Richard Ingrams’s Week: He may be obsessive, but this man won't be lied to

"I understand how Jim Swire feels," writes Observer columnist Nick Cohen of the most persistent of the Lockerbie campaigners. "He lost his daughter and the lack of solid information over the years must have fed the wildest suspicions."

Where have we heard that kind of talk before? It reminds me of the way some journalists used to write about Mohamed Al Fayed. He too entertained what Cohen calls the wildest suspicions – in his case that Princess Diana was pregnant by his son, Dodi, that the Duke of Edinburgh had organised an assassination plot. But we were told that we shouldn't be too hard on him. After all, he'd lost his son so it wasn't to be wondered at that he should take refuge in crazy conspiracy theories.

I have met Dr Jim Swire on a number of occasions and have come to admire his tenacity, his mastery of detail, his dogged determination to get at the truth about Lockerbie in spite of all kinds of setbacks.

You can call him an obsessive if you like but nowadays when the public is fobbed off with lies, cover-ups and public inquiries manned by government stooges, when so few politicians are prepared to take up the cause of people like the Lockerbie relatives we rely on the Jim Swires to act as campaigners, whistle-blowers, amateur detectives. They are doing a job, often in isolation, that no one else can be bothered to do.

Despite the dropping of the Megrahi appeal Jim Swire can be relied upon to carry on. He will certainly not be deterred by being dismissed by The Observer as some kind of poor old Walter Mitty deserving of our sympathy.

People should stick to what they know

A great many of our current troubles seem to arise as a result of people doing things they're not qualified to do. In the case of the banking crisis it emerged, to the surprise of innocents like myself, that the banks were being run by men who had no previous banking experience. One had previously been in charge of the Asda supermarket chain.

We, the innocents, also thought that all that bankers did was lend money to suitable people at high rates of interest and became extremely rich as a result. But it transpired that the supermarket men had found all that sort of thing boring and had involved themselves in all kinds of dodgy investment operations – what they now call casino capitalism.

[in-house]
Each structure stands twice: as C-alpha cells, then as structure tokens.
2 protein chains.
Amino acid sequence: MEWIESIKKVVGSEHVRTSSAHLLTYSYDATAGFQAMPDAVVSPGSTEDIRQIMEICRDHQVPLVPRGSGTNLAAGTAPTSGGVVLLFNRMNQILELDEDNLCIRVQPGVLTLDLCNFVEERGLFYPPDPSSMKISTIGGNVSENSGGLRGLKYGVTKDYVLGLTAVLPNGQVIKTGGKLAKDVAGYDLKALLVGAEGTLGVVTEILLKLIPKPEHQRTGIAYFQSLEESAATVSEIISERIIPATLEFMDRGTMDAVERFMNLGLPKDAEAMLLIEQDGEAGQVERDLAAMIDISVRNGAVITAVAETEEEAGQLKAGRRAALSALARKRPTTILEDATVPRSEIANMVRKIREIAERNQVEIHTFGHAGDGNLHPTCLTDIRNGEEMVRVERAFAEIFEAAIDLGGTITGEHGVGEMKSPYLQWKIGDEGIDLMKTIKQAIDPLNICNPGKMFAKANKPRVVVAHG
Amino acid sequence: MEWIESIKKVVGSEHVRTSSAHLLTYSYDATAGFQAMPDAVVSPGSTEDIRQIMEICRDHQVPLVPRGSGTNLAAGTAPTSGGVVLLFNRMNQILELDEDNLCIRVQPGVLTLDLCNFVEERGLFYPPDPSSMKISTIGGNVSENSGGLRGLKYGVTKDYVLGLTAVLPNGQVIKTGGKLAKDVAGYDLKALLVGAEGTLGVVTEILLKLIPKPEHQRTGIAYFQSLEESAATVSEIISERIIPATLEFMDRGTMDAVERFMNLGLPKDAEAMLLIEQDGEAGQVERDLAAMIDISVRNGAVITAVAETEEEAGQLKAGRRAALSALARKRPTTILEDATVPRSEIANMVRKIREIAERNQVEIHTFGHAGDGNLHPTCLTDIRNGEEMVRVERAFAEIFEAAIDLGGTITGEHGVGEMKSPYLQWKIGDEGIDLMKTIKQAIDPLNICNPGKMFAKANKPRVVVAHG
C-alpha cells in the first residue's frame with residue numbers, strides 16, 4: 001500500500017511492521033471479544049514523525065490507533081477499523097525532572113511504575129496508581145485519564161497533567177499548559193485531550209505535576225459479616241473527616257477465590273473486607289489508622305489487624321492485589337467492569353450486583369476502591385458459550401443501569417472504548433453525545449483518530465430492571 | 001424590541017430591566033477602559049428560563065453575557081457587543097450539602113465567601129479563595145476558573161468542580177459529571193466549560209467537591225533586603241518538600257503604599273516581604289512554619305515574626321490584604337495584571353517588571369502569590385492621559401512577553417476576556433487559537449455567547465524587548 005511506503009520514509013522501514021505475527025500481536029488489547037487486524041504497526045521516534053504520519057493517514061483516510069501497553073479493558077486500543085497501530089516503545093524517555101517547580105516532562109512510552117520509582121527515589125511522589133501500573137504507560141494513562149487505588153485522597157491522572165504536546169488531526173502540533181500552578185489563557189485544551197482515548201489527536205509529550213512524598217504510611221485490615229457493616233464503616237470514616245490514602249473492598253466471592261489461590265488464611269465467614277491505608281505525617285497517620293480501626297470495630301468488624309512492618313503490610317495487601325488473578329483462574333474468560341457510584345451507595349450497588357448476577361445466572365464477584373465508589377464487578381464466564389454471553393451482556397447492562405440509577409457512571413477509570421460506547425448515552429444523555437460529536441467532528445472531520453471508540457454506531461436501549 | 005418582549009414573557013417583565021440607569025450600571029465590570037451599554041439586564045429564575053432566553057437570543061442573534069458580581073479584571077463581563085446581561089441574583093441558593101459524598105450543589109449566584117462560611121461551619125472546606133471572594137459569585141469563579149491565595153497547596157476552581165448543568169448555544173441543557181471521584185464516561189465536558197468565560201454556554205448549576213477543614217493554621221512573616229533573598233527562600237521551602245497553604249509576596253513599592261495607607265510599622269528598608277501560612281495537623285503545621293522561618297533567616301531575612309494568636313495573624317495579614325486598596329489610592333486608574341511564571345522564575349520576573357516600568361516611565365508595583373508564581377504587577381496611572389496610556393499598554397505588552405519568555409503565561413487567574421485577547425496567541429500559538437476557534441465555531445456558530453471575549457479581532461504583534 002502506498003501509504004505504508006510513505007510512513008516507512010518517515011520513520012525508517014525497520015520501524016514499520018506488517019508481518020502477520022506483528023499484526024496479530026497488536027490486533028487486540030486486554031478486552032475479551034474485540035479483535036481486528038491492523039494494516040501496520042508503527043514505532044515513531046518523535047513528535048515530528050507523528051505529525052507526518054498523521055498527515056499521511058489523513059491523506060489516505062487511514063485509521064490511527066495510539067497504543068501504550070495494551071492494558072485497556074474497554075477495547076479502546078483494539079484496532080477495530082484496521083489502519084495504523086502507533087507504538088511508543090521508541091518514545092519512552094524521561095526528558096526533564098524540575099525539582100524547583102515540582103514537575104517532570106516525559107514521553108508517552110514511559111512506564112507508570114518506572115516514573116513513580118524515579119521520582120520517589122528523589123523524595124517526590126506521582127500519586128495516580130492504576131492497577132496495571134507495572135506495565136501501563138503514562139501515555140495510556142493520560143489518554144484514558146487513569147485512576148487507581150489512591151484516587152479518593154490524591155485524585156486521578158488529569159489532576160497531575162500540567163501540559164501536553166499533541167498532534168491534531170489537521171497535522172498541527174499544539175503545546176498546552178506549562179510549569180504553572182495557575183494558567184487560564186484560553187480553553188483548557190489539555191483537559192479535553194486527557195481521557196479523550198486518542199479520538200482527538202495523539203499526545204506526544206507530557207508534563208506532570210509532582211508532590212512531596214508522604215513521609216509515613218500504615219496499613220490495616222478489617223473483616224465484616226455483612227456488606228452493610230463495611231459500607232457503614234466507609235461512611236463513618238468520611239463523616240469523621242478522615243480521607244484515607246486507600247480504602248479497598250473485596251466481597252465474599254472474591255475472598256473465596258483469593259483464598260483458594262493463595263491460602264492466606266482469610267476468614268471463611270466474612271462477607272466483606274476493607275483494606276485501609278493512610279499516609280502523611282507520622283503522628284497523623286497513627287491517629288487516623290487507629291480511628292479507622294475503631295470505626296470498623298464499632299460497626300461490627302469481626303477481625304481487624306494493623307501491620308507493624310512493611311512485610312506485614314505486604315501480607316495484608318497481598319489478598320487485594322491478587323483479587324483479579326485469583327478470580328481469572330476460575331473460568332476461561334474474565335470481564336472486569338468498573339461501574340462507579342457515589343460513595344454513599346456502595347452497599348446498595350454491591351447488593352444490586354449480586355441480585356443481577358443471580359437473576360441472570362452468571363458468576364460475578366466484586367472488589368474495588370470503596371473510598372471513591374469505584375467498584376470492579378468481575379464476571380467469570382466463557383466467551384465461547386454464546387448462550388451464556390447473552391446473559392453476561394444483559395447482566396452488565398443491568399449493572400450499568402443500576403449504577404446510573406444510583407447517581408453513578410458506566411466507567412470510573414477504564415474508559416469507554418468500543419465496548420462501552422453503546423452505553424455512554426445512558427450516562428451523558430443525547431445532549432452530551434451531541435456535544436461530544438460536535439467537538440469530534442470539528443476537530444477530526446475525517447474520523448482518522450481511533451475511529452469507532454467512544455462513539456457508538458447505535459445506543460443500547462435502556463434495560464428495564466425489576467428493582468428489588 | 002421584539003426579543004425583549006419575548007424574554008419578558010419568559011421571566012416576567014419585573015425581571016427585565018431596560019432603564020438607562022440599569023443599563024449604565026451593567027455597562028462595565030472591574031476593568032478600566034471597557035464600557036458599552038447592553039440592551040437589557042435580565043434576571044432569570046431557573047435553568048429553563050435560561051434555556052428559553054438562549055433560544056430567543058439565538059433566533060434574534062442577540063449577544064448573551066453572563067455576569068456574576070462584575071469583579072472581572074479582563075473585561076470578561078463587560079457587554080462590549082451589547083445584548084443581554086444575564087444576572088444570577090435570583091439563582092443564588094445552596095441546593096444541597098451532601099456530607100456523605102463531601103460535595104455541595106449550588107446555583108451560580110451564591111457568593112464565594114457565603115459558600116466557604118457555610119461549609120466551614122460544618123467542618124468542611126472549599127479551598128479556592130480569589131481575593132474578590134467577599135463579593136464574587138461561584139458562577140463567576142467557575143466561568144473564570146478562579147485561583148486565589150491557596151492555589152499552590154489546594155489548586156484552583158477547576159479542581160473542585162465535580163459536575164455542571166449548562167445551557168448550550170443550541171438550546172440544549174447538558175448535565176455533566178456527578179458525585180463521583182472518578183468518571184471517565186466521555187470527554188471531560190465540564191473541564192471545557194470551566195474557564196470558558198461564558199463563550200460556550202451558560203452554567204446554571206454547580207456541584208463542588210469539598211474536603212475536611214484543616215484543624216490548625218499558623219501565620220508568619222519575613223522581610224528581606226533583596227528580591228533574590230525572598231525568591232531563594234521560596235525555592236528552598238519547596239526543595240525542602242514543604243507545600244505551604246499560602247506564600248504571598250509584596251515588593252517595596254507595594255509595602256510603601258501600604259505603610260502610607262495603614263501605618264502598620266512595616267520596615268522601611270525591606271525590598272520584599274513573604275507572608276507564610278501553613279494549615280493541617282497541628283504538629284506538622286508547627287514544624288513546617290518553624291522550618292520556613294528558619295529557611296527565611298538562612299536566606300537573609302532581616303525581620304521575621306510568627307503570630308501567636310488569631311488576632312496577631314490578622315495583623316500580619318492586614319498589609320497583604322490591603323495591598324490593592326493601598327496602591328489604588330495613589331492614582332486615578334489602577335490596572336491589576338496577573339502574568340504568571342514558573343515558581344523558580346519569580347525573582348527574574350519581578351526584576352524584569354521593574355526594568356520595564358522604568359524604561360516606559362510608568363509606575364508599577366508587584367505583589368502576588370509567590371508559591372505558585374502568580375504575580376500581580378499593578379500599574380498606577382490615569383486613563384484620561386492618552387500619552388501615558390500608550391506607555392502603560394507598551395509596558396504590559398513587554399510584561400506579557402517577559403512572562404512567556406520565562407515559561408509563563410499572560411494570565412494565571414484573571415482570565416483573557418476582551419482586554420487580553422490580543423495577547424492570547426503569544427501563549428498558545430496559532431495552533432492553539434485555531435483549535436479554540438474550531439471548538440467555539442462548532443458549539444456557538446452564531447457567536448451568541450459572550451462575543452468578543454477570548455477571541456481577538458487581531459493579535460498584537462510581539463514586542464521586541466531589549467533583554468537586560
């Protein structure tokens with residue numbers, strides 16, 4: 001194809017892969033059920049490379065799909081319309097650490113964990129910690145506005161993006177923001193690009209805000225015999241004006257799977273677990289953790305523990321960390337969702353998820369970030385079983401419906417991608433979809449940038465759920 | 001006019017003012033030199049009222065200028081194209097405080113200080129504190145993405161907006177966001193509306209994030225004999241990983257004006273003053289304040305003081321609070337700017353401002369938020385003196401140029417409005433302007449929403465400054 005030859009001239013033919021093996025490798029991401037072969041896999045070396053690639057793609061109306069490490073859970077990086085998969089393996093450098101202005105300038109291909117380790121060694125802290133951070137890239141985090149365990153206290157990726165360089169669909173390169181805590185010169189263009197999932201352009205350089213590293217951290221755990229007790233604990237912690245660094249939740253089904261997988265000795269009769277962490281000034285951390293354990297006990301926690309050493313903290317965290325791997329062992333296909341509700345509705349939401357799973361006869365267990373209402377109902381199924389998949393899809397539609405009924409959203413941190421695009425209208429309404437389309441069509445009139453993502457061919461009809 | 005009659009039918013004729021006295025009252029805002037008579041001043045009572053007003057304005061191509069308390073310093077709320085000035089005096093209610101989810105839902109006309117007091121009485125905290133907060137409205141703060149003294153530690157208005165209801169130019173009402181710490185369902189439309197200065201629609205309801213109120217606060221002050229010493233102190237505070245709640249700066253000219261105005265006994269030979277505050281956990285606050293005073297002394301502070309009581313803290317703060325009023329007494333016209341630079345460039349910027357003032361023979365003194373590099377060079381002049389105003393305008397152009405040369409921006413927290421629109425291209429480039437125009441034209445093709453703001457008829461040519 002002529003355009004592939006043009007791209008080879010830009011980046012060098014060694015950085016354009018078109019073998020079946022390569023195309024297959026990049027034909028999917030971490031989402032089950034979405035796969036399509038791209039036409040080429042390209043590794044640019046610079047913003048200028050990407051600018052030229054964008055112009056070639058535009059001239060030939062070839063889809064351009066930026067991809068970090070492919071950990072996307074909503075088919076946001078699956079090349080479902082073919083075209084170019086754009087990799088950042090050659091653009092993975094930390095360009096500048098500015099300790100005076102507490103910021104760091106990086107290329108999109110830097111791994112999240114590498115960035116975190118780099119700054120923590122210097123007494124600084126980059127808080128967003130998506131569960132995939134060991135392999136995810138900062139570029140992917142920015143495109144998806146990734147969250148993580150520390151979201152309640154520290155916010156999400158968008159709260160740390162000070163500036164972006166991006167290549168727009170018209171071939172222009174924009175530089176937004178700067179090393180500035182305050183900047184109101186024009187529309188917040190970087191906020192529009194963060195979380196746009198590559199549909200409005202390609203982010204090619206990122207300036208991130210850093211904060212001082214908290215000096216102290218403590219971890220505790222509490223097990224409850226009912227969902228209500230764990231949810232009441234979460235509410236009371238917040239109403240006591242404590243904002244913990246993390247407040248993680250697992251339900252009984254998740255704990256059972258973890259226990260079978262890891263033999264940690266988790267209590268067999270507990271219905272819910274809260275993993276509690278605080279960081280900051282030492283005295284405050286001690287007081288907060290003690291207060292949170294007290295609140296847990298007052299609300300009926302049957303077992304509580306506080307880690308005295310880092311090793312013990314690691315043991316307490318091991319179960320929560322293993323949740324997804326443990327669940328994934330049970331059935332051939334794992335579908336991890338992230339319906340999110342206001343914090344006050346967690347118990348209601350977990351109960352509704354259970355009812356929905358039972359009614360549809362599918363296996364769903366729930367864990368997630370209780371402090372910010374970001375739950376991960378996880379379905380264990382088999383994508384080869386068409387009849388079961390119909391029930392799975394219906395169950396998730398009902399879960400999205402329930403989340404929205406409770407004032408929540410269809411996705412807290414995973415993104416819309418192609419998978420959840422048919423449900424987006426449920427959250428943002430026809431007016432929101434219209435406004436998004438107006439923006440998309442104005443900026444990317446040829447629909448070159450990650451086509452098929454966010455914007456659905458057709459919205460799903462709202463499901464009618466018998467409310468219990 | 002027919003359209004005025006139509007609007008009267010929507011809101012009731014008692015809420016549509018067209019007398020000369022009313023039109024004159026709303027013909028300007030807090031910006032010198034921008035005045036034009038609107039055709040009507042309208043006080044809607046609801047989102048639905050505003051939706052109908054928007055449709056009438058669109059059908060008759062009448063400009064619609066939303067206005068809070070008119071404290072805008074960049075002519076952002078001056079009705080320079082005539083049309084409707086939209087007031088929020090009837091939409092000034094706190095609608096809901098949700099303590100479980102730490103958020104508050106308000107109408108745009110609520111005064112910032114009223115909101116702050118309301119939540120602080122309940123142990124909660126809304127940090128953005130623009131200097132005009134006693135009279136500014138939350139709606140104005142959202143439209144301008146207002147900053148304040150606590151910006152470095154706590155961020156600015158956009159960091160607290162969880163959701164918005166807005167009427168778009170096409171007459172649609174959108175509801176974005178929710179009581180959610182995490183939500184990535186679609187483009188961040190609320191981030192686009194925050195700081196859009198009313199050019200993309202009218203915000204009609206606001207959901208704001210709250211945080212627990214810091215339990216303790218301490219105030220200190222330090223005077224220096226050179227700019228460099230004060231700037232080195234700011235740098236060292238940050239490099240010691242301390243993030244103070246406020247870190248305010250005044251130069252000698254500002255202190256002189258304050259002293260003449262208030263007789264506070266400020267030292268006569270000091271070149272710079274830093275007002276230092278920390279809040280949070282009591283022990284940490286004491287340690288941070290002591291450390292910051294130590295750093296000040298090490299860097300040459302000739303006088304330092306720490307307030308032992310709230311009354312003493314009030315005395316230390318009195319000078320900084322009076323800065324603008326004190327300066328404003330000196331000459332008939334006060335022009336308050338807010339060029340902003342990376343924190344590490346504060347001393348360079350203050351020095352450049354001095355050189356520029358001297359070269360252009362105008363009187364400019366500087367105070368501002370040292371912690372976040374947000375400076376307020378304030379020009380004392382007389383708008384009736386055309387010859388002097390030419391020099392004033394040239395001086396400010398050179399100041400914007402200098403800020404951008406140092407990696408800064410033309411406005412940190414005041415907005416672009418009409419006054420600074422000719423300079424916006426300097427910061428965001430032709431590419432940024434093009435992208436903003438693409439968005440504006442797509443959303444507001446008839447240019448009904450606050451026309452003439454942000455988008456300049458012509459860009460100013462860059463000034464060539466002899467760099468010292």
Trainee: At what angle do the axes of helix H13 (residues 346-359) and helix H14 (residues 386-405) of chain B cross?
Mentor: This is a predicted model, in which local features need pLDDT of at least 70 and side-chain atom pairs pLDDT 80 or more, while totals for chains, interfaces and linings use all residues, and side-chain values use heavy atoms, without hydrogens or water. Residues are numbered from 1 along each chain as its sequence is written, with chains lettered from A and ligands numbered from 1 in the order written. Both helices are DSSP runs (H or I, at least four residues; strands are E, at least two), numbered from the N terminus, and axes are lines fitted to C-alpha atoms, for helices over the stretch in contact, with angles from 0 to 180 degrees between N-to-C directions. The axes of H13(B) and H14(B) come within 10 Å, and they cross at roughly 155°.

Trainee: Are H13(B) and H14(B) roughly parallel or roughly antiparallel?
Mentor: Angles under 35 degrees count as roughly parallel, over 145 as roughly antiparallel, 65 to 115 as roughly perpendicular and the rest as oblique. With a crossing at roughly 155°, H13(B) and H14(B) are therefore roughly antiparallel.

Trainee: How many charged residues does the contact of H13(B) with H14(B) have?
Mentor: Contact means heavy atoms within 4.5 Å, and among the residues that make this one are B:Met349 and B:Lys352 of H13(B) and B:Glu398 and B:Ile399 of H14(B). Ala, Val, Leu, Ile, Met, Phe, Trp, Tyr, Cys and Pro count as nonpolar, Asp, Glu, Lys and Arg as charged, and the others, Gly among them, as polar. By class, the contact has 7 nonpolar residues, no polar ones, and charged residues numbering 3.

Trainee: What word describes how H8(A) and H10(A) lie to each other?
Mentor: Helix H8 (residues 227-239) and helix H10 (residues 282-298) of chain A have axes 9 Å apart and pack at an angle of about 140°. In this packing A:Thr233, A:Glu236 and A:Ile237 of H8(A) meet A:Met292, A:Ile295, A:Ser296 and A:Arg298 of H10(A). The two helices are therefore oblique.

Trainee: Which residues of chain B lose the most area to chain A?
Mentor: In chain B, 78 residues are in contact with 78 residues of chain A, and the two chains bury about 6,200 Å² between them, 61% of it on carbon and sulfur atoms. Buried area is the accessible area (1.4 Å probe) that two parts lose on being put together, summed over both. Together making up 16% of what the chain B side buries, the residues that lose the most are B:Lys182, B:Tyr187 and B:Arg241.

The story of newspapers looks strikingly similar. In this case, the people running papers like The Guardian got carried away with the thought that there must be more to life than producing a newspaper day after day. The internet beckoned and millions were spent on websites. Of the 800 or so journalists at the Guardian a considerable portion work on the website and related operations. Yet now it looks, as with the banks, that the chickens are coming home to roost.

The case of the BBC is slightly different. They too have spent millions producing a massive news service online. But they are doing it with money provided by the licence payers, in exchange for receiving TV and radio programmes. Millions of people, including myself, do not use a computer and have no wish to do so. We are paying for something we have no use for and, as with so many of the BBC's activities nowadays, this constitutes a bit of a scandal.

Mandelson's seductive power makeover

"Look at Margaret Thatcher," Barbara Castle said to Clare Short, who told me about it at this week's Oldie lunch. "Power has made her beautiful."

I know exactly what she meant, and so did Clare. Power, especially political power, does often change the physical appearance of those who acquire it. Their eyes in particular become bright and shiny, their complexion unnaturally glossy.

As it happens, I never fancied Mrs Thatcher but plenty of men did – Kingsley Amis and Alan Clark to name but two.

Likewise, a great many women were attracted by Tony Blair who had that same unnatural glow that Mrs Thatcher had. His eyes shone, his complexion blossomed, he radiated smiling goodwill to everybody he met.

But we all know, because Lord Acton told us long ago, that power corrupts and with that physical well-being comes the growing conviction that you know the right thing to do in any circumstances and so you have no need to listen to what other people may want to tell you. Thatcher and Blair were both of them victims.

The latest most striking transformation of this kind in a politician is that of Peter Mandelson who, after many years as a rather drab figure in the political wilderness, now finds himself in a position of immense power, running a huge ministry, making almost daily appearances on TV.

"I've never seen anyone seduce people with such effortless allure," wrote my friend Decca Aitkenhead in The Guardian in a long interview with Mandelson. "His skin is dewy as if fresh from a spa facial..." It sounds horribly like yet another case of power conferring if not beauty then something quite similar on its lucky recipient.